Former Ithaca College student body president, Zack Ford ’07, will be the featured speaker for National Coming Out Day at 7 p.m. Thursday in Emerson Suites A. Ford will discuss invisible Lesbian, Gay, Bisexual and Transgender identities and the challenges society creates for those identities.
Ford, a current editor of ThinkProgress LGBT for the Center for American Progress, said expressing invisible identities and coming out is the start to a lengthy voyage.
“I’m going to be talking about the idea that LGBT identities are invisible, and coming out is only the beginning of a long journey to integrate those identities into our lives,” Ford said. “In other words, when we first come out, we’re really just opening a door we spend the rest of our lives walking through.”
The Center for LGBT Education, Outreach and Services organizes a speaker associated with the college or the district community. Past speakers have included poets, artists and elected officials. Program director, Lis Maurer, said that Ford can make people aware of the complexities of LGBTs.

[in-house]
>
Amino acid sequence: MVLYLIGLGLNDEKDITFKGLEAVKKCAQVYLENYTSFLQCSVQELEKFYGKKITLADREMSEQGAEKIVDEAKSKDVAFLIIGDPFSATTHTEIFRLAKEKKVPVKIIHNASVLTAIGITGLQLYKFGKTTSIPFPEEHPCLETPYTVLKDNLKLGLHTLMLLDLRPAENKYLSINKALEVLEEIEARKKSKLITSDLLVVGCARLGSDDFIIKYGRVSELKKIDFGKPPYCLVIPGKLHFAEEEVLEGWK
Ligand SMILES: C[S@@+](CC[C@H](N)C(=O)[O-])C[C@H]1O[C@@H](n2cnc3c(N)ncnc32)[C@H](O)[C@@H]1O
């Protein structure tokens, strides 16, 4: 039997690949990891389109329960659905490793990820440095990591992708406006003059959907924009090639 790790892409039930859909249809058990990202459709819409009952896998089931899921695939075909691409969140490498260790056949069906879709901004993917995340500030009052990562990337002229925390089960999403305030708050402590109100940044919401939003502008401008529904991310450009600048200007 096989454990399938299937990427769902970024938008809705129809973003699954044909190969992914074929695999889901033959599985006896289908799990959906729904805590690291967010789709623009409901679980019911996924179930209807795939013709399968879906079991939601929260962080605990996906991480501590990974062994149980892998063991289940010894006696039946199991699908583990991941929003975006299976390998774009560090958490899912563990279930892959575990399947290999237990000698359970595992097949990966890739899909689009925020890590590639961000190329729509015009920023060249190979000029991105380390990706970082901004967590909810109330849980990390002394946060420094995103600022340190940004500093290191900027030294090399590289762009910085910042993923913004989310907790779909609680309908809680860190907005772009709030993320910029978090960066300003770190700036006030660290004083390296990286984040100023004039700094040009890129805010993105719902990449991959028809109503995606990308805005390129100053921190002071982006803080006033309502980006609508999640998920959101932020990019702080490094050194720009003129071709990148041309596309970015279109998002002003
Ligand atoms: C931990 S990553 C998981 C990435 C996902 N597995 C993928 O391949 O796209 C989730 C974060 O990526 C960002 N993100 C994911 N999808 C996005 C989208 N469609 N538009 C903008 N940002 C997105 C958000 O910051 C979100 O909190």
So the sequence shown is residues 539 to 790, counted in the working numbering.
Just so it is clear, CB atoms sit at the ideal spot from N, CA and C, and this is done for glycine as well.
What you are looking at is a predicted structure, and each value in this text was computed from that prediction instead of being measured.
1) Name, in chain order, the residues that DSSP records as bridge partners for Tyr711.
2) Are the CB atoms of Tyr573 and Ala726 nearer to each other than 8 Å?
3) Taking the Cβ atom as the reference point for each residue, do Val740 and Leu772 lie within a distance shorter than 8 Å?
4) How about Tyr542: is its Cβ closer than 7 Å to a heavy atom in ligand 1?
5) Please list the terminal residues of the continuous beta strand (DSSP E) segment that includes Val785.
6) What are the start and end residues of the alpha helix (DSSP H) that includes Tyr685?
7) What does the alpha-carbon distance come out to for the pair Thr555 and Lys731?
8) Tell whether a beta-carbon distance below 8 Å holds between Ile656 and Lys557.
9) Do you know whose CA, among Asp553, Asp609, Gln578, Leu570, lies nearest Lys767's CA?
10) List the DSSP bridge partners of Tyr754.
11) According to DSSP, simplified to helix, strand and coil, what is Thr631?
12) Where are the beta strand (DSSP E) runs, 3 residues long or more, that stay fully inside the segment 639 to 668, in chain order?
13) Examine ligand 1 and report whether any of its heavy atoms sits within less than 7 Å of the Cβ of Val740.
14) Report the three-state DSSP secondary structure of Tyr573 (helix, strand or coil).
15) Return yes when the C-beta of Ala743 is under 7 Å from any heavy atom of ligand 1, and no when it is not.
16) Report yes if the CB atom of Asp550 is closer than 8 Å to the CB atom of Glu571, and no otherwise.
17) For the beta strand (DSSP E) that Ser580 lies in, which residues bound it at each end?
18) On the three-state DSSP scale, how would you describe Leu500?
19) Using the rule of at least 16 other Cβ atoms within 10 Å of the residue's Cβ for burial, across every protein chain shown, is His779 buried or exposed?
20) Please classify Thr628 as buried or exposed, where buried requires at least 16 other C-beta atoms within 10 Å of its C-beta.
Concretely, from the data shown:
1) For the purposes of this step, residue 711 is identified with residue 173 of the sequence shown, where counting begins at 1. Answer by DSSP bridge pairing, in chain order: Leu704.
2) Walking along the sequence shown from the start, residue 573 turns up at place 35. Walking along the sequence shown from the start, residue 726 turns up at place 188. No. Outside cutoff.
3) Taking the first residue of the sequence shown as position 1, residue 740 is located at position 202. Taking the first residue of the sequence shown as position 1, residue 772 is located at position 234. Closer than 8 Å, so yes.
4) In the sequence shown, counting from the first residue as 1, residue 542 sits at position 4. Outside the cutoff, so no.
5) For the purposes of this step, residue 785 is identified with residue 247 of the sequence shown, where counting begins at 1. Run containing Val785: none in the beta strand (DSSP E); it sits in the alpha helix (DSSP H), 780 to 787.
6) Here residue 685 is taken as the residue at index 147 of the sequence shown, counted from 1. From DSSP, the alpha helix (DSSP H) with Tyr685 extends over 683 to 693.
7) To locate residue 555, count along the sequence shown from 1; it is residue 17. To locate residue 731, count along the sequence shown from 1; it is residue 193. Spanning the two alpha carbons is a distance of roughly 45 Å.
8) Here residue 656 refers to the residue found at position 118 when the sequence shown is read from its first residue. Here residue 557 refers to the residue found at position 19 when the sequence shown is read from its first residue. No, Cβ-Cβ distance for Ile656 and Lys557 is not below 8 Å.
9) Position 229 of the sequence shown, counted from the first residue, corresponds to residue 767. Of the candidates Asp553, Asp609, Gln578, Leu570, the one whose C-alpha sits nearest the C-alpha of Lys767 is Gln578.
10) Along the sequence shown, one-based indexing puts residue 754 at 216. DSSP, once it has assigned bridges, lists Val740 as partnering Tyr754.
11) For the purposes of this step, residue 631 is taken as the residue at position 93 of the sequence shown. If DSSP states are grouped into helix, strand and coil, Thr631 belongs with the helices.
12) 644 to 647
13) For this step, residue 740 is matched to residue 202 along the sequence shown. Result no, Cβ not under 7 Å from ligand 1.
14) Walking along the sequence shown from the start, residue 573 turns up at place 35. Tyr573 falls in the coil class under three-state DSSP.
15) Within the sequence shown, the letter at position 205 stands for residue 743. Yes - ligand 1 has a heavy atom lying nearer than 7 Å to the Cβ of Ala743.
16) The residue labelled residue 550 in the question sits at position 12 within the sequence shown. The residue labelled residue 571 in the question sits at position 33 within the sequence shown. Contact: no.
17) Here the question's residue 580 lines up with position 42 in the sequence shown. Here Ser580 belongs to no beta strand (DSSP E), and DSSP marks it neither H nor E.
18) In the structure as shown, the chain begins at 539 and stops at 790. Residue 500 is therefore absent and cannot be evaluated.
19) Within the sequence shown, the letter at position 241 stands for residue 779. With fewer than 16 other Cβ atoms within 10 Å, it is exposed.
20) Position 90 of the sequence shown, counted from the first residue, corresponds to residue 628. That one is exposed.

“Zack’s unique experiences help remind people that we’re multidimensional,” Maurer said.
Ford said he will discuss the challenges of the “culture war” that LGBT people face, and even if people are not personally ashamed of their identities, society may still be cynical.
“Regardless of whether we’re out-and-proud activists or not, we still exist in a society rife with negative messages about those identities,” Ford said. “Our mental health is subject to the consequences of being exposed to this ‘culture war’ against us.”
Ford will also recount his personal coming out experience, which he said occurred as an Ithaca College student.
Maurer said the event will give people the chance to consider the assets and difficulties of LGBTs and how obstacles can encourage buoyancy.
“It is an opportunity for LGBT folks, friends and allies to think about the unique challenges and unique strengths,” Maurer said. “With challenges comes resilience. We thrive. Challenges give us the opportunity to develop coping skills.”
National Coming Out Day has been celebrated in the world since 1988, and Maurer said coming out is not easy.
“Coming out is a complicated, multi-layered process,” Mauer said.
On Wednesday students can ask questions regarding LGBT identity on a Twitter chat using the #AskZack hashtag.